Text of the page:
The wait() function takes the length of time to delay (in seconds) and the result to pass in when the wait is over. It returns a Deferred, so it works just like the Ajax calls we've made previously. After 30 minutes, our pizzahere function will be called, displaying the description of the hot and tasty pizza that should have arrived. Woe unto the poor pizza delivery guy who didn't make it there before that alert pops up!

MochiKit also offers a callLater convenience function that can eliminate a line of code in the preceding example. Instead of separate calls to wait and addCallback, you can call callLater(halfhour, pizzahere, pizza_description). callLater takes the length of the delay, the function to call, and the arguments to pass into that function. callLater is also convenient, because you can pass multiple arguments into your callback function.

15.1.8. Canceling Deferreds

What if that large pepperoni pizza ordered in the preceding section has arrived? Do you still want the 30-minute timer alert box to pop up? Probably not.

Deferreds have a cancel method that allows you to cancel the Deferred before it has received a value. Both wait and callLater return a cancelable Deferred. If you hang on to the Deferred in a variable that's available to scripts on the whole page, you can create a "My Pizza Has Arrived" button that calls d.cancel() when the button is pushed.

15.1.9. Ajax, Timers, and Cancellation Combined

What if you want to apply a timeout to an Ajax call to gracefully handle the case where the user loses Internet connectivity or your server becomes otherwise unavailable? It becomes trivial if you combine the tools we've discussed in these last few segments:

d = loadJSONDoc("your_url"); callLater(30, d.cancel);


This adds a silent timeout. If you want an alert error message, you can just use JavaScript's closures to create a function that does the right thing:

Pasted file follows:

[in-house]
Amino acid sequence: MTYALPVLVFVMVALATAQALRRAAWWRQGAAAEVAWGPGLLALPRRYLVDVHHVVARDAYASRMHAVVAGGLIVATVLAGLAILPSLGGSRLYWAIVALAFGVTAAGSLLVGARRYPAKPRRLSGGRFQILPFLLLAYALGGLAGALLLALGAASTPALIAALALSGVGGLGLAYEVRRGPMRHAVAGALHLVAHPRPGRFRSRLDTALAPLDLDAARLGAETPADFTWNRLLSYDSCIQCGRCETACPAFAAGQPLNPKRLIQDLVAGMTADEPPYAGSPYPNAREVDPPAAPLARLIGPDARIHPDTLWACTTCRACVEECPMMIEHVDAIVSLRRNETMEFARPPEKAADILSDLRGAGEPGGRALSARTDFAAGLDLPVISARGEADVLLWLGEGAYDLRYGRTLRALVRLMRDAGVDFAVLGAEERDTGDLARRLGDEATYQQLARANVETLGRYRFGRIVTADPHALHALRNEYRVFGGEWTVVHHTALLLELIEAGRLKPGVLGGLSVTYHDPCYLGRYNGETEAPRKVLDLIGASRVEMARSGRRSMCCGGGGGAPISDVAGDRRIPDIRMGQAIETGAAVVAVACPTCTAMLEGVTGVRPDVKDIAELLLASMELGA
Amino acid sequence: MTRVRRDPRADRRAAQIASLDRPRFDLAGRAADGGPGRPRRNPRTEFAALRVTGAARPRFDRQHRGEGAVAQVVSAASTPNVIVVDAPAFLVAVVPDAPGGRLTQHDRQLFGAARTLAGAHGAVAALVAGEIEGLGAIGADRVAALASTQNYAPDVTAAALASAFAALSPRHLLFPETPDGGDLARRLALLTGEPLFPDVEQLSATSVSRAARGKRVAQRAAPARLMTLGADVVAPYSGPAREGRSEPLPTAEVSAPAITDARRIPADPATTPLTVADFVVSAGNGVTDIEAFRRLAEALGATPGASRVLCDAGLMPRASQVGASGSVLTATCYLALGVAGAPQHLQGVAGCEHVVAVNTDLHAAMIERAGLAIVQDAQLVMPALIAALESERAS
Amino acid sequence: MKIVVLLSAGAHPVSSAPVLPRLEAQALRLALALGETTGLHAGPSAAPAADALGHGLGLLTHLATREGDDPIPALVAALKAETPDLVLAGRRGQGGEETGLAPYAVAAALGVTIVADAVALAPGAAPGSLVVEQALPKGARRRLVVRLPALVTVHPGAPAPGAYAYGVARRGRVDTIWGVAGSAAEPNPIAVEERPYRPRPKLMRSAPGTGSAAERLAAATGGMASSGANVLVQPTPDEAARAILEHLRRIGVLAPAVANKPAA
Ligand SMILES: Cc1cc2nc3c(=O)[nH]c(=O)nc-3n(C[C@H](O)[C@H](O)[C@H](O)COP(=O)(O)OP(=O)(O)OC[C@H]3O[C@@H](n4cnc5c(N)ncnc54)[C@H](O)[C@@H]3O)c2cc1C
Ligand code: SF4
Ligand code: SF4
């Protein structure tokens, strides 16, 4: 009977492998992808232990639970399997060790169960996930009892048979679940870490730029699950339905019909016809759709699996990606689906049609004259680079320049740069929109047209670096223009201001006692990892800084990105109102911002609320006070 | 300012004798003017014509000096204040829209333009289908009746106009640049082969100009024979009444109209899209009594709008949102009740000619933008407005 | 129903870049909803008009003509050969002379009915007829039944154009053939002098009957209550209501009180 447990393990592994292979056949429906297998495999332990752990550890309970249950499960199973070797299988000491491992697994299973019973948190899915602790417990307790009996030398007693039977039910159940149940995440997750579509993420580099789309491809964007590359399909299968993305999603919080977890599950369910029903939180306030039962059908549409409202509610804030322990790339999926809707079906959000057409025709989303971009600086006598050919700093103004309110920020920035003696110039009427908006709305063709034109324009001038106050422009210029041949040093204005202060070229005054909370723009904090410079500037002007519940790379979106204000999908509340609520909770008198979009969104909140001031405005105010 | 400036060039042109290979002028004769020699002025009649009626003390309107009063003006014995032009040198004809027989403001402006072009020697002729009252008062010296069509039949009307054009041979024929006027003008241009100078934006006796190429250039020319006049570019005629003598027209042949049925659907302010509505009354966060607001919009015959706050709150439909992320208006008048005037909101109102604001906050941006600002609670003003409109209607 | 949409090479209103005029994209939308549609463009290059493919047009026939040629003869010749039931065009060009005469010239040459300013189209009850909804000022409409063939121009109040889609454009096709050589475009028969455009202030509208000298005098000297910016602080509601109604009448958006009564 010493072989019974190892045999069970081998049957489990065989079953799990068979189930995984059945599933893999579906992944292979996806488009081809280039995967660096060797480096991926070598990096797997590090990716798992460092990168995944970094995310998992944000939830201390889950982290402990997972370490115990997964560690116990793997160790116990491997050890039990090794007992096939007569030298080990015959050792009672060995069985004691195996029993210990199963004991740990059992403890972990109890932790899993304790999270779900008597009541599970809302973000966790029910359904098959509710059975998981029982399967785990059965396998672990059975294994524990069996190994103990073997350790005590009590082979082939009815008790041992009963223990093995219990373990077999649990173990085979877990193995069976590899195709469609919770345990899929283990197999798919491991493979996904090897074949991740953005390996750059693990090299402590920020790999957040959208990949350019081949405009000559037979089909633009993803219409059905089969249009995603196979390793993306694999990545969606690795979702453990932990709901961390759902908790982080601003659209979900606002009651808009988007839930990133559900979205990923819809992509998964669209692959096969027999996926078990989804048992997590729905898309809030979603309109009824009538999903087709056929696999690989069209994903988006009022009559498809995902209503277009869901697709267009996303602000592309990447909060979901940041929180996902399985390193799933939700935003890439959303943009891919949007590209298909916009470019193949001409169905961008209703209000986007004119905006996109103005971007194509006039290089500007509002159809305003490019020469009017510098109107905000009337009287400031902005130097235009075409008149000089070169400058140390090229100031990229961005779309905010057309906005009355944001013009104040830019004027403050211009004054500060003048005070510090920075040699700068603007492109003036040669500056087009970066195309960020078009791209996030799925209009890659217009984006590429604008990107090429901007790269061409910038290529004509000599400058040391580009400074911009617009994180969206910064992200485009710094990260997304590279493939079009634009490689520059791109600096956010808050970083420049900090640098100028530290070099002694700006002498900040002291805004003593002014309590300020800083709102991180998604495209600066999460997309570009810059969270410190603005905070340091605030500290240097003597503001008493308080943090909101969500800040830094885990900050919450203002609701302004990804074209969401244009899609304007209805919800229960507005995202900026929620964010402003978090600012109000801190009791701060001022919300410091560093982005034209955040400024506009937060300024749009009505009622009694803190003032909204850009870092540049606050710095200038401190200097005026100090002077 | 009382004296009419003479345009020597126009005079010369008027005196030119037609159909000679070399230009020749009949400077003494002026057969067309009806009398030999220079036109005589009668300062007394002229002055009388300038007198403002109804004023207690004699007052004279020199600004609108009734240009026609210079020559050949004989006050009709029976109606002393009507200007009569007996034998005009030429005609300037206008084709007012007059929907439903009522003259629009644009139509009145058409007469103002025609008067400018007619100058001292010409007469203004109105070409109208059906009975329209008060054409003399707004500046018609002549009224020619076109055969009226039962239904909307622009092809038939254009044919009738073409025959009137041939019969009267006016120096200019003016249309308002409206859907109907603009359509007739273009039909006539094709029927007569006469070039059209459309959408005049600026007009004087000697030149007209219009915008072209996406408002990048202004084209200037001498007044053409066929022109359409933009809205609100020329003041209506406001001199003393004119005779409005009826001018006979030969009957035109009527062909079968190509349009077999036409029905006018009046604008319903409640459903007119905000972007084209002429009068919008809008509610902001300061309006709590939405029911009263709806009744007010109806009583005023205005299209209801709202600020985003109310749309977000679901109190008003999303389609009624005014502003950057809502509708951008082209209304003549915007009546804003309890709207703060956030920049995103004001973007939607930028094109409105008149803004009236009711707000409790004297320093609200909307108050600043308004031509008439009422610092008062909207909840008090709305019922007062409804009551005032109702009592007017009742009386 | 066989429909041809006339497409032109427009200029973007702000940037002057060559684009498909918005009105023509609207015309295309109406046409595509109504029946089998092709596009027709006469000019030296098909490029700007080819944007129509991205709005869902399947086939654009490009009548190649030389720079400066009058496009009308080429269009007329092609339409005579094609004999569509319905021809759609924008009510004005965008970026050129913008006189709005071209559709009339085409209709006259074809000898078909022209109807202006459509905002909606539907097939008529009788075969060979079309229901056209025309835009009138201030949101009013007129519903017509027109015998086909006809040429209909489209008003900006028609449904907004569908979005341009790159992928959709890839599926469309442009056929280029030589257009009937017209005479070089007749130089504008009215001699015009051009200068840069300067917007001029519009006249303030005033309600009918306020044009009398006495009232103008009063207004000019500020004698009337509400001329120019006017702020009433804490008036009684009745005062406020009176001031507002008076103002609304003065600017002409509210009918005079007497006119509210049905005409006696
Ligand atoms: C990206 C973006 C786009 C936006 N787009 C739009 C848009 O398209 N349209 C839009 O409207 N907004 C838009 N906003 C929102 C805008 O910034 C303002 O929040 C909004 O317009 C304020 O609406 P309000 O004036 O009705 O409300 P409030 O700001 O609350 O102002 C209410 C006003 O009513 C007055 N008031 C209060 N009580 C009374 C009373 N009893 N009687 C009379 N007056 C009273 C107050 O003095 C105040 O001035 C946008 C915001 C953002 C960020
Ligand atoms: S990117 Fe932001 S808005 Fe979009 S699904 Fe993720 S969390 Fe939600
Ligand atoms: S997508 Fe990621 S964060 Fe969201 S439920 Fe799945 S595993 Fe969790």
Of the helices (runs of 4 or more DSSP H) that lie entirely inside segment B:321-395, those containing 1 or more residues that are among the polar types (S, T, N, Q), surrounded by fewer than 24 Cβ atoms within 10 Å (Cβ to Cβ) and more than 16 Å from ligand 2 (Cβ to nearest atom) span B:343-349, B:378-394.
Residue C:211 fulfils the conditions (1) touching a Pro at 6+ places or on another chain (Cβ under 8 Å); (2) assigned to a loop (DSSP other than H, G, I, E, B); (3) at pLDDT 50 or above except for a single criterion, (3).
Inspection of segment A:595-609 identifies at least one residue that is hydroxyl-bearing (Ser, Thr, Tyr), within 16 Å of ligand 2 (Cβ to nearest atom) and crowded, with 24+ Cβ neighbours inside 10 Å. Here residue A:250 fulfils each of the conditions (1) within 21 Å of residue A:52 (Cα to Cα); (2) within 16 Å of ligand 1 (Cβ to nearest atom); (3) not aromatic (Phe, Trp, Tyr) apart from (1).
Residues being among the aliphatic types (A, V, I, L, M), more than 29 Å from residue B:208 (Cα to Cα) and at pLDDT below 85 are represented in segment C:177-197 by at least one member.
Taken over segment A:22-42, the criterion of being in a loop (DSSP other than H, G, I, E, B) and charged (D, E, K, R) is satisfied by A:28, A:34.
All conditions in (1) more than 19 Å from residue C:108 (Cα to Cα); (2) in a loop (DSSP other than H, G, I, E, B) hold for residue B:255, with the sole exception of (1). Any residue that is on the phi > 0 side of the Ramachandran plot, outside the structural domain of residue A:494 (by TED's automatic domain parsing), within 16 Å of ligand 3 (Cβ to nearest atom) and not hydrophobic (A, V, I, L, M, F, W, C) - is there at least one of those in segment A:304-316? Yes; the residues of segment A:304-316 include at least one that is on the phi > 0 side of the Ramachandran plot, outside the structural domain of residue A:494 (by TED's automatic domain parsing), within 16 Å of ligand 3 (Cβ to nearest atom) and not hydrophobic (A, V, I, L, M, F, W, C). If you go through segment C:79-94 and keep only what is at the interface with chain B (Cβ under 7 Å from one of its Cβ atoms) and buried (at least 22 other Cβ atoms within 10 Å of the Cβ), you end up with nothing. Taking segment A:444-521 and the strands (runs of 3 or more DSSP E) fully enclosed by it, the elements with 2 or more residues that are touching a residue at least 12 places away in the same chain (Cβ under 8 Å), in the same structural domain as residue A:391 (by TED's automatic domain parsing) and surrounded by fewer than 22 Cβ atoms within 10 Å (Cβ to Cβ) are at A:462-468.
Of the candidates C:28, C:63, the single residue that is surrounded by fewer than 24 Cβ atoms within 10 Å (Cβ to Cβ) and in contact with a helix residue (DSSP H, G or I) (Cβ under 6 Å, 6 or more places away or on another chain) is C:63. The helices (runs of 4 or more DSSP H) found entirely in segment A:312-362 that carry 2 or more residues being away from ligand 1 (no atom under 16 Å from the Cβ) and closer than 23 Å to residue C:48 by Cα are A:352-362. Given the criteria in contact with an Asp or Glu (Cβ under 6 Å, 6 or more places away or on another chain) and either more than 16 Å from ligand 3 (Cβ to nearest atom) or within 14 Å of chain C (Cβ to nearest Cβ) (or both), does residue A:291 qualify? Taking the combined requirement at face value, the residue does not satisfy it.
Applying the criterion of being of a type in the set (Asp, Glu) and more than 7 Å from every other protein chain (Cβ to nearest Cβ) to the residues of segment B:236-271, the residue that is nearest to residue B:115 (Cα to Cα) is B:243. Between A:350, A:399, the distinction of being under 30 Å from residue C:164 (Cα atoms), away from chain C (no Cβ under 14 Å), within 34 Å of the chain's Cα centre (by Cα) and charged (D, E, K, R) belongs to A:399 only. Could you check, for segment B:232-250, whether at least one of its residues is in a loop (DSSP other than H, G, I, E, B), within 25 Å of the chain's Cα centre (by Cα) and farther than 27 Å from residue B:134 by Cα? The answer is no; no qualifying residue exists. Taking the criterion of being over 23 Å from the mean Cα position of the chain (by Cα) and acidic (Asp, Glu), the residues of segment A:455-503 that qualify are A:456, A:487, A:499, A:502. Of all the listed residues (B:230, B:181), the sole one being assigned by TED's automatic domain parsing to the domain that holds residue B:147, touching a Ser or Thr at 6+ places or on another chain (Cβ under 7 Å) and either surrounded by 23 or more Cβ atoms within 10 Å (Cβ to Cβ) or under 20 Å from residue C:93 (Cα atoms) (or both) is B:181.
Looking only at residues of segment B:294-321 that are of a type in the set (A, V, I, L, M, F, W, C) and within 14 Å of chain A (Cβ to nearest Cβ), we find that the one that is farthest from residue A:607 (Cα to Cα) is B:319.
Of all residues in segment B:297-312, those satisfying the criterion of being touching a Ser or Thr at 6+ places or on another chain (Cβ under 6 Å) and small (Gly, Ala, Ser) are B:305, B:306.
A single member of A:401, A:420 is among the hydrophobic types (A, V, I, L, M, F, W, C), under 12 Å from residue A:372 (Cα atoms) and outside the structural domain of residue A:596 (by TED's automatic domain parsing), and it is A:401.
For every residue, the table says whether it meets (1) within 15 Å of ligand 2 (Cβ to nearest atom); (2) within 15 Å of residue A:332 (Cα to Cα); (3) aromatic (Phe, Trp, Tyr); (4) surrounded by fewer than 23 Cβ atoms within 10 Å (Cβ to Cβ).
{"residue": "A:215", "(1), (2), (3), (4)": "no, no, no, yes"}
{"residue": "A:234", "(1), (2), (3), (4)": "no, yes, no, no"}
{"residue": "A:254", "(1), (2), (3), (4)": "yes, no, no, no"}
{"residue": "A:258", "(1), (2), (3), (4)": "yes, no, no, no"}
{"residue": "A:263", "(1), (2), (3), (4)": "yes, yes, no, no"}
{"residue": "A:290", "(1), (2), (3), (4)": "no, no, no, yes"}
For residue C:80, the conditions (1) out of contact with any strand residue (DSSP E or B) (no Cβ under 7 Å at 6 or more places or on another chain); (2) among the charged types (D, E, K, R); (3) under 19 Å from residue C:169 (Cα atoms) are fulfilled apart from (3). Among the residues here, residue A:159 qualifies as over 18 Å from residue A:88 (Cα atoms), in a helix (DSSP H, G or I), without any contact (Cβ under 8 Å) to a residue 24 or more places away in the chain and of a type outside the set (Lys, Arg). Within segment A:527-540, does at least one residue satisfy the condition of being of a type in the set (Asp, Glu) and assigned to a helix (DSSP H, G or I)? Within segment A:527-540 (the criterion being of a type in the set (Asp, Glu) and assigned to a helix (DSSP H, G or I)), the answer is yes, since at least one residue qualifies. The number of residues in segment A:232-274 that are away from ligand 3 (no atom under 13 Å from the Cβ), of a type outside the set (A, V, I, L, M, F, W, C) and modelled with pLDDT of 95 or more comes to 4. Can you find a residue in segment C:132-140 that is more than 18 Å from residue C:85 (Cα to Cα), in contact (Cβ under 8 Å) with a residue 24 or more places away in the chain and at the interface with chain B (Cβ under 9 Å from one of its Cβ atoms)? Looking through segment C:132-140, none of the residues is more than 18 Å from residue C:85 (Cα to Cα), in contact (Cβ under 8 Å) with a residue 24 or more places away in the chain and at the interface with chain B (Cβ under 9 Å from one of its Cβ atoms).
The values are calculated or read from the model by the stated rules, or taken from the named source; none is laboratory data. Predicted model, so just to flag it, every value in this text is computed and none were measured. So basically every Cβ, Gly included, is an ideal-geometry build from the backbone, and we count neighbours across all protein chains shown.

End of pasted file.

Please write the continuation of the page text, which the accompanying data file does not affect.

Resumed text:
d = loadJSONDoc("your_url"); callLater(30, function() {     if (d.fired == -1) {         alert("Unable to talk to the server!");         d.cancel();     } });


This example checks the value of the fired attribute of the Deferred. fired starts at -1, which reflects that it has not yet called its callbacks or errbacks. Zero means that it has completed successfully, and 1 means that there was an error. If the JSON data has not been loaded in 30 seconds, this will display an alert message and cancel the JSON request.

15.1.10. More about Callbacks

Early in this chapter, you saw how easy it is to add a callback and an errback (a callback for errors) to your Deferreds. What we didn't talk about is what happens when you have more than one callback. Callbacks and errbacks are appended to a list, each element of which is called in order when the result arrives or the pending event occurs. Each callback gets the result of the previous callback as its parameter. This allows you to do useful transformations of the data that comes in.

For an example of this in action, we need look no further than MochiKit itself. We talked about using doSimpleXMLHttpRequest to perform an Ajax request. That function returns a Deferred that is later called back with the XMLHttpRequest object. loadJSONDoc effectively uses the chained callback feature of Deferred to return the JavaScript object rather than an XMLHttpRequest. Here's an approximation of what loadJSONDoc does:

var loadJSONDoc = function(url) {     d = doSimpleXMLHttpRequest(url);     d.addCallback(evalJSONRequest);     return d; }


The initial Ajax result arrives and gets post-processed by evalJSONRequest before your own callback sees the result, so you only need to worry about the JavaScript object that comes back.




Rapid Web Applications with TurboGears(c) Using Python to Create Ajax-Powered Sites
Rapid Web Applications with TurboGears: Using Python to Create Ajax-Powered Sites
ISBN: 0132433885
EAN: 2147483647
Year: 2006
Pages: 202